A group of unions representing aged care workers has released a four-point plan to improve the aged care system that includes mandated minimum staffing levels and training requirements and transparency with how providers spend that funding.
The campaign launched on Monday also calls for an increase in government funding for more staff, and largely has the support of provider groups.
It has been developed by the Health Services Union, the Australian Nursing and Midwifery Federation, the United Workers Union and the Australian Council of Trade Unions to improve care outcomes and provide support for aged care workforce during the pandemic.
It aims to “fix our broken aged care system,” the unions said in a statement.
The campaign calls for:
- mandated minimum staffing levels and required mix of skills and qualifications in every residential facility on every shift
- transparency and accountability for Government funding
- mandated training requirements accessible to all staff and paid by the employer
- an increase in government funding linked to the provision of care and the direct employment of permanent staff with decent pay and enough hours to live on.
ANMF federal secretary Annie Butler said understaffing in aged care has was widespread before COVID-19 and the aged care royal commission exposed it.
The pandemic has further demonstrated that mandating minimum staffing levels must be an urgent priority as part of any lasting reforms of the sector, she said.
“If that doesn’t happen, safe, quality care cannot be guaranteed and the pain and suffering of elderly Australians will go on,” Ms Butler said.
HSU president Gerard Hayes said “a properly and transparently funded aged care sector will lead to better pay and conditions for all aged care workers – only this will ensure the high-quality care that all older Australians deserve.”
UWU aged care director Carolyn Smith said “the aged care system desperately needs a fix in the form of increased, accountable funding for better staffing.”
ACTU president Michele O’Neil said “we need to ensure that one job is enough for any worker in aged care. Aged care workers having to work between multiple facilities has been a huge problem during the pandemic and must end.”
Peaks support unions’ plan
Leading Age Services Australia has long supported staffing increases, said CEO Sean Rooney. The challenge is the average aged care provider is struggling to cover their operating costs, he said.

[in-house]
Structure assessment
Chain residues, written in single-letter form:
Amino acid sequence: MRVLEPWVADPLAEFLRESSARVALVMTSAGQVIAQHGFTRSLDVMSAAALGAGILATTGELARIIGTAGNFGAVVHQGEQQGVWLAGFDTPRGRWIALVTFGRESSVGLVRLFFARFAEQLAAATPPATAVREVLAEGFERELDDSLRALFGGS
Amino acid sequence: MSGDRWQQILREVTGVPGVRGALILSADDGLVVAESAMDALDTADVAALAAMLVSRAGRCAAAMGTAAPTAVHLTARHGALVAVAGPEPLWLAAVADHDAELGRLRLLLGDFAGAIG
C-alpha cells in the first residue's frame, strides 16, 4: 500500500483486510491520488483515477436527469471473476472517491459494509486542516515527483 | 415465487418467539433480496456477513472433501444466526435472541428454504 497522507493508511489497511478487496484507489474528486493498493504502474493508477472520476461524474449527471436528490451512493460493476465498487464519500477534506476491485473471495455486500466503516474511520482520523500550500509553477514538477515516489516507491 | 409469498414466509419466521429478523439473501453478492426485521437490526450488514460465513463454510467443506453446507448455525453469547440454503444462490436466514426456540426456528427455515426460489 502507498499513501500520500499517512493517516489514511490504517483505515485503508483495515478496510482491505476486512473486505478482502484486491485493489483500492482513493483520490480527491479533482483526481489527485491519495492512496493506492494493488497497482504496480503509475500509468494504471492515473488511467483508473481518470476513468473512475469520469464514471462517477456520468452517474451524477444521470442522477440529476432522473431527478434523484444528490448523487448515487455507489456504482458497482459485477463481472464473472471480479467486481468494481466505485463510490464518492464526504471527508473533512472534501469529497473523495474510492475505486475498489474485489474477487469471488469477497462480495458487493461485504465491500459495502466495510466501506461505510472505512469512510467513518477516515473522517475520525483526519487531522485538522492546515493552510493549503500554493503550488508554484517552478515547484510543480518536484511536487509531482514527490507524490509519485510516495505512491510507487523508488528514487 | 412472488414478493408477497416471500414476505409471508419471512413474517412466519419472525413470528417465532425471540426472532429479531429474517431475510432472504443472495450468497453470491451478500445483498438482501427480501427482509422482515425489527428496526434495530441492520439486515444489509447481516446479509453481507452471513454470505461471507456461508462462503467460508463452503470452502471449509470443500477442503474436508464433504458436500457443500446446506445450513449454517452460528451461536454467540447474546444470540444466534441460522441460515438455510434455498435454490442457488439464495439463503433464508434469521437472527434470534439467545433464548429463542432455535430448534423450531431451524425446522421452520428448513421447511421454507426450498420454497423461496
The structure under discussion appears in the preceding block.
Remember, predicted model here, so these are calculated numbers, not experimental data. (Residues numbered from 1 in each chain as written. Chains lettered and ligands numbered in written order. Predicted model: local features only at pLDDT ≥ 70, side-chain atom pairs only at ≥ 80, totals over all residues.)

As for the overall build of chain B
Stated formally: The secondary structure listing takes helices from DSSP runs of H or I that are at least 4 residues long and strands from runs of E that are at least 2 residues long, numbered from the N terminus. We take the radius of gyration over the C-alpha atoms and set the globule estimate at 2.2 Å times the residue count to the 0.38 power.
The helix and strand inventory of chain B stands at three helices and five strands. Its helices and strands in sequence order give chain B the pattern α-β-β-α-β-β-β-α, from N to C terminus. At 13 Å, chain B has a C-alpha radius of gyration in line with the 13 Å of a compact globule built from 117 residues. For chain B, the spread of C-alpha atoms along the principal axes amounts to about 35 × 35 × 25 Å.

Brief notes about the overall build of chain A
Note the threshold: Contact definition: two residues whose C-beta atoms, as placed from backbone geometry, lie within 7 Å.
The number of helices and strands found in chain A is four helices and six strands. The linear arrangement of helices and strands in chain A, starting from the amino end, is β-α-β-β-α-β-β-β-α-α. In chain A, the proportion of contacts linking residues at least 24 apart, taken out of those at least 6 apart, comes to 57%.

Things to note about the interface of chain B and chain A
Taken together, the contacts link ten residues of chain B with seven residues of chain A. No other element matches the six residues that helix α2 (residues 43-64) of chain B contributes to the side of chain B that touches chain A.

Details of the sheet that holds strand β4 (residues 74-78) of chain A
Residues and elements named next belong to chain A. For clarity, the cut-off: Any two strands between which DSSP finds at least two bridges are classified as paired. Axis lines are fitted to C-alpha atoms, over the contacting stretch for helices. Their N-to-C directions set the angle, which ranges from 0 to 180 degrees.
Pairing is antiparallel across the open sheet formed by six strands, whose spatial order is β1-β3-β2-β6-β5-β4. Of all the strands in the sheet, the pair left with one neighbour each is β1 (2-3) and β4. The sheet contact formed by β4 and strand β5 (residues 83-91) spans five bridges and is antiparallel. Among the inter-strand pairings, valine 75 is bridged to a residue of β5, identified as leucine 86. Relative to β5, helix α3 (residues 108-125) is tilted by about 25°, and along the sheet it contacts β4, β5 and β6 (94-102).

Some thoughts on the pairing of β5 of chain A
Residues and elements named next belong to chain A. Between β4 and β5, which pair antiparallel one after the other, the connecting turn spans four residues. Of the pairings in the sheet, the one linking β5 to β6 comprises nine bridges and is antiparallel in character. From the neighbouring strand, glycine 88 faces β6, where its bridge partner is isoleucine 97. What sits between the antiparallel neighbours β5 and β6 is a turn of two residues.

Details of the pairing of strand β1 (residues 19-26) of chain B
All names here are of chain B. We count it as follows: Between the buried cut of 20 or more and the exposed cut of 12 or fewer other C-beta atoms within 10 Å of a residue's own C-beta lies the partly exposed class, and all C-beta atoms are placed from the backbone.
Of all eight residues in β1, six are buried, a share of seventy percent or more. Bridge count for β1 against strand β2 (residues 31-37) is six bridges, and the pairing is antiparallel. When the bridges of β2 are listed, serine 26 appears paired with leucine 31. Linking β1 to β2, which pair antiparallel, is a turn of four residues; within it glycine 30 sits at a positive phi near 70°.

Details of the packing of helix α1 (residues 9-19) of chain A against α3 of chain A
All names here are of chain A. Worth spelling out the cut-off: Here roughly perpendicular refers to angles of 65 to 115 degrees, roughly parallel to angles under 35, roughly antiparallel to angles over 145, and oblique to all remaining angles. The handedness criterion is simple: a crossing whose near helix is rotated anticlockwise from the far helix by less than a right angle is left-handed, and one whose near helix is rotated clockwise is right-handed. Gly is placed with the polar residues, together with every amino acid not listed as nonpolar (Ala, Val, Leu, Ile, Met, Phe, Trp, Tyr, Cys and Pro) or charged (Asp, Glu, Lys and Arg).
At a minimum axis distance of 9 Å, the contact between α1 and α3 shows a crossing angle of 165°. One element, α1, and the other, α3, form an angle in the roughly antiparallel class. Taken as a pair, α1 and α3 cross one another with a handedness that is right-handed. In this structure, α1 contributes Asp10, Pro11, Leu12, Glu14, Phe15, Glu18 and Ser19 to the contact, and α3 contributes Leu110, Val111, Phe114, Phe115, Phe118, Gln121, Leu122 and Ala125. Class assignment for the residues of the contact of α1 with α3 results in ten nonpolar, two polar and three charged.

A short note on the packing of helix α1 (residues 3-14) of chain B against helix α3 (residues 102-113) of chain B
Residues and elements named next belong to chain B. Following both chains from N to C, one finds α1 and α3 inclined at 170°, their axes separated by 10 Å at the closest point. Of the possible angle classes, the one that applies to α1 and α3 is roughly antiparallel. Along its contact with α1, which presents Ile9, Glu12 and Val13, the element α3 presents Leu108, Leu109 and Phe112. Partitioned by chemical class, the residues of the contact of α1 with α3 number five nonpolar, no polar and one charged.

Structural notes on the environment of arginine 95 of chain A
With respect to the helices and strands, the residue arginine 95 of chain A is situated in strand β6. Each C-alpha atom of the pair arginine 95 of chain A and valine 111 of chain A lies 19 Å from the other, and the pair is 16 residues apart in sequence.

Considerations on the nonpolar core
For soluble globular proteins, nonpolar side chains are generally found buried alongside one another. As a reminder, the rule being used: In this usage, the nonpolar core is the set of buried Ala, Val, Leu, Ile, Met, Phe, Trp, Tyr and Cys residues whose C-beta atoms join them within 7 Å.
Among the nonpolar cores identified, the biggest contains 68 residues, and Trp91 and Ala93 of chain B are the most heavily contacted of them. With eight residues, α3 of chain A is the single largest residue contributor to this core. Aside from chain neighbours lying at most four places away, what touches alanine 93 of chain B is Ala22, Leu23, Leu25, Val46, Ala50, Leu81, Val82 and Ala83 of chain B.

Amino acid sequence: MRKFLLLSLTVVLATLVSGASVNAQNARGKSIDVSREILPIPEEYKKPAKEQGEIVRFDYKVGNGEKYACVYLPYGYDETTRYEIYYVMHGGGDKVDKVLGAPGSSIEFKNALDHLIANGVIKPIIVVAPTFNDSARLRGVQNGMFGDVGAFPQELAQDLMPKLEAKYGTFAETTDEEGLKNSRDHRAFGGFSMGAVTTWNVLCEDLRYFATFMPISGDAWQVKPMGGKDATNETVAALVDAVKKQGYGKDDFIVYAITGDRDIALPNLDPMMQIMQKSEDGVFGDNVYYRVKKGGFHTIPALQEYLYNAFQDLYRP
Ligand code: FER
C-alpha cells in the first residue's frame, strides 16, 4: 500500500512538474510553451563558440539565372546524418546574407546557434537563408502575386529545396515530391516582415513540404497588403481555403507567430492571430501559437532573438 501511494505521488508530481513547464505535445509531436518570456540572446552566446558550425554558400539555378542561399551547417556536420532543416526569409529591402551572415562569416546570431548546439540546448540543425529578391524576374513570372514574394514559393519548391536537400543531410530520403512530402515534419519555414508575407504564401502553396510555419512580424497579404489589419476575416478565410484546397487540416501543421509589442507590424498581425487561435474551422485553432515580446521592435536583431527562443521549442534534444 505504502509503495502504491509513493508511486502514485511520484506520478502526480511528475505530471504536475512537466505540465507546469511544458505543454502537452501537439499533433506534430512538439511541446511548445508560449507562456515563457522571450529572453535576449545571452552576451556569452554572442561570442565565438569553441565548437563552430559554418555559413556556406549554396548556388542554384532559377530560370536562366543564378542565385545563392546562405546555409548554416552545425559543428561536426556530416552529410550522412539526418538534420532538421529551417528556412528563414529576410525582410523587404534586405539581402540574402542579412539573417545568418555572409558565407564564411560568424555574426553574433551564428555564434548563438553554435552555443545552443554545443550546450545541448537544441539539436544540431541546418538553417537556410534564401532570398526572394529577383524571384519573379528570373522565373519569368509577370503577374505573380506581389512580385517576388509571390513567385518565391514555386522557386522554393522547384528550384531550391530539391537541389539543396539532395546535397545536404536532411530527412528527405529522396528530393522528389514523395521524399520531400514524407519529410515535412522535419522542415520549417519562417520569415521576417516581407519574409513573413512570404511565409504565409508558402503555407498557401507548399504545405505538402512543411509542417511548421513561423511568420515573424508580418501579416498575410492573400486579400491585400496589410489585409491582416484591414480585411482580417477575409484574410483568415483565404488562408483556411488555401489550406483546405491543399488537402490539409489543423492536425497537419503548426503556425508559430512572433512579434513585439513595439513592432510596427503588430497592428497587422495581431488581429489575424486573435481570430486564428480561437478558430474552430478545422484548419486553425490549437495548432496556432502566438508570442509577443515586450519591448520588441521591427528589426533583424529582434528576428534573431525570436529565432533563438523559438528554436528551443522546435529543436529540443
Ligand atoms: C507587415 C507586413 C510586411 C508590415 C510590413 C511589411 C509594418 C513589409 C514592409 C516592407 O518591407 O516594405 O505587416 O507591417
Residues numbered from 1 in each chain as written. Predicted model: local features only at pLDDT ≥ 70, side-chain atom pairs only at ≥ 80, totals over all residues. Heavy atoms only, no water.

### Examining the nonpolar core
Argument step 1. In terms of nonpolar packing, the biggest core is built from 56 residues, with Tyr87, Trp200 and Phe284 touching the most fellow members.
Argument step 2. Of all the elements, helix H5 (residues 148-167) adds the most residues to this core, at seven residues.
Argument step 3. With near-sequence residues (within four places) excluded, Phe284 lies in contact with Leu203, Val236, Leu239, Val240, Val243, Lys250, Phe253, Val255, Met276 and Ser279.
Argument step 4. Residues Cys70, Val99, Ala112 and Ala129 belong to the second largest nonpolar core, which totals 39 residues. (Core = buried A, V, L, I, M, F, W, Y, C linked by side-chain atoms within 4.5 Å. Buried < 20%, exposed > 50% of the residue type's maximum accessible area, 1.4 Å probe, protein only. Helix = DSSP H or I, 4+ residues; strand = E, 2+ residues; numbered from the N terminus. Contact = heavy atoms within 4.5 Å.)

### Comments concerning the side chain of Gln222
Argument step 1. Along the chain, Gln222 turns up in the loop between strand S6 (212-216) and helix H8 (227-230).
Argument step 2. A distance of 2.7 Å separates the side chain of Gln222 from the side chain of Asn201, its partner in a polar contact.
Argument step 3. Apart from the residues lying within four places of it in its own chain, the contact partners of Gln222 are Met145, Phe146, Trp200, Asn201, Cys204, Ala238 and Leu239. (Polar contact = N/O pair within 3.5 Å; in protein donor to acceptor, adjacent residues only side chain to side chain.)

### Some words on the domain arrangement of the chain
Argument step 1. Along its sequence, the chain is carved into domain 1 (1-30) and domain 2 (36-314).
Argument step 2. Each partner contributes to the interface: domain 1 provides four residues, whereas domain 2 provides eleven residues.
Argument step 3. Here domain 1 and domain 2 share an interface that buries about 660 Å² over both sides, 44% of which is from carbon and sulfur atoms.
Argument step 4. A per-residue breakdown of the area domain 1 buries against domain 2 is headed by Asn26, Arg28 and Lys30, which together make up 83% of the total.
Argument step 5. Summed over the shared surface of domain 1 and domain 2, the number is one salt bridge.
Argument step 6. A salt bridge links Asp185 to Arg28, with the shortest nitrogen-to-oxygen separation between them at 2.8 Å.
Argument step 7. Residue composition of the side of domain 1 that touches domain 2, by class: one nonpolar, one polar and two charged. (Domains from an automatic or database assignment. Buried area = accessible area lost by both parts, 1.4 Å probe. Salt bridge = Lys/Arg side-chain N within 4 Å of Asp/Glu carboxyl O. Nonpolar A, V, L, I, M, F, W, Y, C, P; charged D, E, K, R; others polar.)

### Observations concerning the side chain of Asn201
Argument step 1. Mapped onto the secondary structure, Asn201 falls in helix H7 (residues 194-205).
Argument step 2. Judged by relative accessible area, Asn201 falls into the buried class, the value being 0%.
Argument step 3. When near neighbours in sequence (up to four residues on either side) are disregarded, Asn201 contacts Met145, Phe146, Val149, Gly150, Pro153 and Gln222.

“Significantly more funding is required to increase the numbers, remuneration and qualifications of staff,” Mr Rooney told Australian Ageing Agenda.
However, he reiterated LASA’s reservations about a one-size-fits-all staff-to-resident ratio because a number of factors influence the best number and mix of staff in aged care, including residents acuity and care needs and the facility’s care model.
“LASA believes that we should establish smart ratios that are case mix adjusted, aligned to care outcomes, linked to funding, and allow flexibility to adjust to local circumstances, on an if-not-why-not basis.
“That means if the provider’s staffing numbers and skills mix are not consistent with the agreed case mix requirements, then they must detail why not and what is the impact on the care outcomes delivered,” Mr Rooney said.
On funding transparency, Mr Rooney reiterated LASA’s position that Australia’s aged care system needs a nationally consistent approach to measuring performance at the resident and client, service and system levels.
Aged and Community Services Australia CEO Patricia Sparrow told AAA “ACSA will work with any and all organisations, including the unions, to ensure the system is reformed and that aged care providers are able to provide the care the community expects and that we want to deliver.”
Victorian government announces aged care funding
On Tuesday, the Victorian state government announced a $30-million funding package to improve 50 state-owned residential aged care services.
The package announced by Victoria Premier Daniel Andrews and ageing minister Luke Donnellan includes $20 million to upgrade 17 metropolitan and 16 regional residential aged care facilities.
Victoria’s state-owned facilities also receive additional funding from the state government to pay for set levels of staffing.
Mr Andrews said the funding would ensure older Victorians continue to receive the care they deserve.
“There is no more worthwhile investment – helping to rebuild our economy, while also ensuring the quality of care for thousands of older Victorians,” Mr Andrews said.